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Reprogrammed skin cells heal damaged brain tissue in mice


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Scientists developed technology to retrain cells to help repair damaged brain tissue.

May help patients regain speech, cognition and motor function, even when administered days after an ischemic stroke.

Researchers use a process called tissue nanotransfection (TNT) to introduce genetic material into cells.

In this mouse study, cells were 'pre-conditioned' with specific genes and injected into the stroke-affected brains.

"They're able to grow new, healthy vascular tissue to restore normal blood supply and aid in the repair of damaged brain tissue," - Daniel Gallego-Perez, lead researcher.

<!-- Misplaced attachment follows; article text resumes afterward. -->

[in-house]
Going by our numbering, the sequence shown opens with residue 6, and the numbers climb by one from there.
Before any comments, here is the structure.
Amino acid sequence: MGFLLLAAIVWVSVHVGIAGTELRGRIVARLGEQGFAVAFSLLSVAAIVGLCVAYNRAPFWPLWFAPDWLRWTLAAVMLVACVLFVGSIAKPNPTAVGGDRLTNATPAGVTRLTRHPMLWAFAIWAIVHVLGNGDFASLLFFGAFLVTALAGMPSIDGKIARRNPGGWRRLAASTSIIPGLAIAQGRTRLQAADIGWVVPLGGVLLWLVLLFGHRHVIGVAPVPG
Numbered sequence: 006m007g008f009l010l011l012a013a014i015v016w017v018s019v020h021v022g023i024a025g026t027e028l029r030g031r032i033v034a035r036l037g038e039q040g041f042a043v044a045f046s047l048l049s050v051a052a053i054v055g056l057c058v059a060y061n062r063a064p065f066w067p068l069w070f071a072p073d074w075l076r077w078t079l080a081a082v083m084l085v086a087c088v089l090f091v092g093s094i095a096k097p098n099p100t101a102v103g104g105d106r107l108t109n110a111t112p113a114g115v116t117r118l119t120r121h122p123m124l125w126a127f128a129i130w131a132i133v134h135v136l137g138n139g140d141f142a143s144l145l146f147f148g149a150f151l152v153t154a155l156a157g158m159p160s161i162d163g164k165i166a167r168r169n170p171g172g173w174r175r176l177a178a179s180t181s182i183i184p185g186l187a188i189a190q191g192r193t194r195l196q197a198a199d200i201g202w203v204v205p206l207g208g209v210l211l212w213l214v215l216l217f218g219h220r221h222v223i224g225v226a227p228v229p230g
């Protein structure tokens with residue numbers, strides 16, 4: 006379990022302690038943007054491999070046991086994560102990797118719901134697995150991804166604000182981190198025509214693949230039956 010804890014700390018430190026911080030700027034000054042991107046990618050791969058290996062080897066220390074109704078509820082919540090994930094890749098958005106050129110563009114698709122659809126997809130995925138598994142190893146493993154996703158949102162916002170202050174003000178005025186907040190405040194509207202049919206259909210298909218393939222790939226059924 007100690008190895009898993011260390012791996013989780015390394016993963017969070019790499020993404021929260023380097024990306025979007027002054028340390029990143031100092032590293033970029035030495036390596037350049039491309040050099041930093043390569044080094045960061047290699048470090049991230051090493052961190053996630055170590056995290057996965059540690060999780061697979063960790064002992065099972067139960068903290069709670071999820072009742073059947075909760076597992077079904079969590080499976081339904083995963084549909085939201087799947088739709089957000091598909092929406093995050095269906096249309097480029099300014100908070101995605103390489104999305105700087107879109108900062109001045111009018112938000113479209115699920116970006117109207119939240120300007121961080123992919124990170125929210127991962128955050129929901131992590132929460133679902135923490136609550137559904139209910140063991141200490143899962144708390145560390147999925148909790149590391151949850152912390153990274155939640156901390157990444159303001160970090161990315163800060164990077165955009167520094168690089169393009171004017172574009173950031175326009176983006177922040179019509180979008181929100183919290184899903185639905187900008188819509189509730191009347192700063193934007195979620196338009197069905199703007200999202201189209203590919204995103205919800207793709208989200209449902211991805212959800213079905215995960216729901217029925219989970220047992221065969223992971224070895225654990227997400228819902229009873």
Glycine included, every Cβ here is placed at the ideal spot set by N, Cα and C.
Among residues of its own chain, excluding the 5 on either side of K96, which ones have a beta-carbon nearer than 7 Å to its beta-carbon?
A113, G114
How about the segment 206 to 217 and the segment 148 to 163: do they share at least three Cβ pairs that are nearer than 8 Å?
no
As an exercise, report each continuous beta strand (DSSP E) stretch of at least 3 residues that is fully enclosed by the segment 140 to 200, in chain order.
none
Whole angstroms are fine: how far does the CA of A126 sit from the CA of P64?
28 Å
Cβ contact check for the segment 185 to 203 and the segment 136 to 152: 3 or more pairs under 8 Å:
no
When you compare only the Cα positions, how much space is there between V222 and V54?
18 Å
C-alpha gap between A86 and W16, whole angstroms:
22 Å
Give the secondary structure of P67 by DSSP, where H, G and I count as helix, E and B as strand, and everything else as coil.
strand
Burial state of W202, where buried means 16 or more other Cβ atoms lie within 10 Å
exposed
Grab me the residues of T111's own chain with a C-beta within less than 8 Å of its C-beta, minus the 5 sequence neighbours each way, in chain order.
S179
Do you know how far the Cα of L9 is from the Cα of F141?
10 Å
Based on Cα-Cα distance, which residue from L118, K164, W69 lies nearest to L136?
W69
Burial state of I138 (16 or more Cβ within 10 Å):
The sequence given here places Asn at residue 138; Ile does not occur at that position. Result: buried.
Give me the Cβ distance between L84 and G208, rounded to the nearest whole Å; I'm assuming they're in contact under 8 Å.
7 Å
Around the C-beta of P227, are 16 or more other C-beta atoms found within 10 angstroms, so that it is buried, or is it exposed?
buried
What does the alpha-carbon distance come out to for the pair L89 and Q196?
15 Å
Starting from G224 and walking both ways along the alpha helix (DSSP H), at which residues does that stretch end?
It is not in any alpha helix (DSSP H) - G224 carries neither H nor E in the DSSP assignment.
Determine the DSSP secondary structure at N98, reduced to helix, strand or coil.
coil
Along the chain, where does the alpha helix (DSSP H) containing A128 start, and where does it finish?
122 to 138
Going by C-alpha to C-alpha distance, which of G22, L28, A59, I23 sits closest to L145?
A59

Mice treated with this innovative cell therapy regained 90% of their motor function.

MRI scans showed damaged areas of the brain were repaired within a few weeks.

Exploring other potential uses for this technology to treat brain disorders such as Alzheimer's and autoimmune diseases.

Research by the Ohio State University published in the journal Science Advances.

Restored 90% of motor function forming new blood vessels after an ischemic stroke

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Assistant Professor in the Departments of Surgery and Biomedical Engineering, Ohio State University


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